364 F.2d 572
Jessie Frances DAVIS, Appellant,
UNITED STATES of America, Appellee.
United States Court of Appeals Tenth Circuit.
Aug. 17, 1966.
Andrew M. Coats, Oklahoma City, Okl. (D. Kent Meyers, of Crowe, Boxley, Dunlevy, Thweatt, Swinford & Johnson, Oklahoma City, Okl., on the brief), for appellant.
John E. Green, Asst. U.S. Atty., Oklahoma City, Okl. (B. Andrew Potter, U.S. Atty., on the brief), for appellee.
Before BREITENSTEIN and SETH, Circuit Judges, and LANGLEY, District judge.
SETH, Circuit Judge.
Appellant was charged by information on four counts for possession of stolen mail in violation of 18 U.S.C.A. 1708, and one count of uttering a United States Treasury check with a forged endorsement in violation of 18 U.S.C.A. 495. Appellant was found guilty by the jury on each count, and she has taken this appeal.
The points raised by the appellant all relate to her defense of insanity, and more particularly she urges that the jury was not properly instructed on the issue.
The record shows that the offenses took place at various times between November 1, 1964, and March 1, 1965. The stolen letters contained checks which were cashed by the appellant at four different stores. A statement was given by the appellant to postal inspectors on January 14, 1965, which admitted the thefts and the cashing of the checks. About four months later she gave an additional statement admitting the uttering of the forged United States Treasury check which had occurred after her first statement to the postal inspector.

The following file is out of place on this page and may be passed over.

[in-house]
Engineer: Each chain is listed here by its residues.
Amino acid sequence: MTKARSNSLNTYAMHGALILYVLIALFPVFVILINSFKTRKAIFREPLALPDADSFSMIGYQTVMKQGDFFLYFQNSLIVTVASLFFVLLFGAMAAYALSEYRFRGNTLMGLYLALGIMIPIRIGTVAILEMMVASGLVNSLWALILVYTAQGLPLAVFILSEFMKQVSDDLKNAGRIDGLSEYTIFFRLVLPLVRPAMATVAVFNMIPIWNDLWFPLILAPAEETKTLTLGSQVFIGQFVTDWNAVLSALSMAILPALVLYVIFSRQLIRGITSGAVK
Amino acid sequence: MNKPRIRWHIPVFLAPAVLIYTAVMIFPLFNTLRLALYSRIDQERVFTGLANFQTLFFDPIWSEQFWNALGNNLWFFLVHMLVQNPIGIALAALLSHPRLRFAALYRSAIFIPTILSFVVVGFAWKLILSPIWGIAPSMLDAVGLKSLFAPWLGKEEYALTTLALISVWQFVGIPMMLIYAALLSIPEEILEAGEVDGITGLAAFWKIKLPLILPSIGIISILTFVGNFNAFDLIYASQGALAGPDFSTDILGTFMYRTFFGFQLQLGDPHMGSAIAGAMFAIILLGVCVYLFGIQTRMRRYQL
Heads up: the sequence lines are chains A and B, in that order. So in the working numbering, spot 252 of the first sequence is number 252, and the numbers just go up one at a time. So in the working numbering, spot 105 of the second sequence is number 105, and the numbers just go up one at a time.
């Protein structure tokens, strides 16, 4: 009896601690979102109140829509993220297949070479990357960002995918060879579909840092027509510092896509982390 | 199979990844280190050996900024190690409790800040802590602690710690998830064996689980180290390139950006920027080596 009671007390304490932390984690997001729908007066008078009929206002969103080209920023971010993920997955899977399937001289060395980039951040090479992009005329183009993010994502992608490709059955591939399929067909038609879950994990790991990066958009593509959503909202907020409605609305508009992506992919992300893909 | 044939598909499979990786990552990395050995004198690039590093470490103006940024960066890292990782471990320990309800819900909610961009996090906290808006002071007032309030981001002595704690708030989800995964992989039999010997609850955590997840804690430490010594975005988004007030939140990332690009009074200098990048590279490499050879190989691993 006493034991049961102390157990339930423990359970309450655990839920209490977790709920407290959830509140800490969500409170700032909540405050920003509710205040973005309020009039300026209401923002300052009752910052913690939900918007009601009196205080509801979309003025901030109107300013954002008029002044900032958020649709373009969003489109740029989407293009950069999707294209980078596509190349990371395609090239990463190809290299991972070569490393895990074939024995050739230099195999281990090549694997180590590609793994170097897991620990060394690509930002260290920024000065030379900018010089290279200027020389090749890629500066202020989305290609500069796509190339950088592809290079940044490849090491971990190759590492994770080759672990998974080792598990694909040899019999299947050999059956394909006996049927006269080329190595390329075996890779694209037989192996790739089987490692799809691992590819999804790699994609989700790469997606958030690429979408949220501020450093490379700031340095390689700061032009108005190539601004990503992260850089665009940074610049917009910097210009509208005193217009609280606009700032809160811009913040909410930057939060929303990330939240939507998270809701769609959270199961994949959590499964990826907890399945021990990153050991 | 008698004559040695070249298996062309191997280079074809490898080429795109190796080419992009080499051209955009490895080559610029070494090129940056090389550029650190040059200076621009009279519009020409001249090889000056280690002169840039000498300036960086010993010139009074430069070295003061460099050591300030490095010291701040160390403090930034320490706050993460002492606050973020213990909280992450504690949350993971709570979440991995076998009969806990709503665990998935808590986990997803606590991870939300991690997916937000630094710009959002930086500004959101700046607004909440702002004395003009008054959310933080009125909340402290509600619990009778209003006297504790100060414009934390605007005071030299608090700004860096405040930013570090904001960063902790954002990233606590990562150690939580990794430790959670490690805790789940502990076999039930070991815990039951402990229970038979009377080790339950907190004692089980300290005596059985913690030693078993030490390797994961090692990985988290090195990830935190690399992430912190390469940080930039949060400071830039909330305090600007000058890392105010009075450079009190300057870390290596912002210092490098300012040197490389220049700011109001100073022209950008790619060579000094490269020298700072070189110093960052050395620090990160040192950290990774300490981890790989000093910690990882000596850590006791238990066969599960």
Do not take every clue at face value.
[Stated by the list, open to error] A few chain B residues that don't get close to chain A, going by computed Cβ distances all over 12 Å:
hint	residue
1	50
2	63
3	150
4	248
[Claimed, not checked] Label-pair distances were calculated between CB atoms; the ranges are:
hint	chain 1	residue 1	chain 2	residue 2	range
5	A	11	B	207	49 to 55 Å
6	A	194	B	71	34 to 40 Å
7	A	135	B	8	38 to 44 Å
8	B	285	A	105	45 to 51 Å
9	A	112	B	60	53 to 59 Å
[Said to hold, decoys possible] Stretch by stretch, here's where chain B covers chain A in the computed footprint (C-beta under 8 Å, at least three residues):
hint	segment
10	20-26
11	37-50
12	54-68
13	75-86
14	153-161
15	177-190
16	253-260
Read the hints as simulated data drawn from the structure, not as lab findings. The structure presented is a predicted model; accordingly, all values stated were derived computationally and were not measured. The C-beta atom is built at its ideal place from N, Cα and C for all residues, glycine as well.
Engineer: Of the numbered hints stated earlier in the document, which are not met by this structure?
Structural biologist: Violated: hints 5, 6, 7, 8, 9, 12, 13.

After being charged and upon motion appellant was examined at the United States Public Health Service Hospital, and was there placed under observation. The doctors who examined her and who observed her during this period testified that she was competent to stand trial. These doctors further reported that the appellant did have periods of confusion during which she was not aware or responsible for her actions. One of these doctors testified at the trial that it was not possible to determine whether she had any such periods of insanity at the time of the commission of the offenses. The defense called two lay witnesses who testified that appellant had periods of 'blackouts,' and called a psychiatrist who testified that she had periods when she was not aware of the nature of her actions. Appellant testified that she did not remember the events with which she was charged nor did she remember making statements to the postal inspectors nor the signing thereof.
The Government freely acknowledges that insanity was an issue at the trial, and that the Government undertook the burden to prove appellant's sanity at the time of the commission of the offenses.
As indicated above, the proof showed the commission of several offenses over a period of time; that the appellant had periods of blackout from time to time, and that according to the expert witnesses she had periods of derangement and periods of normalcy. None of the witnesses testified what her condition was at the particular time of the several offenses.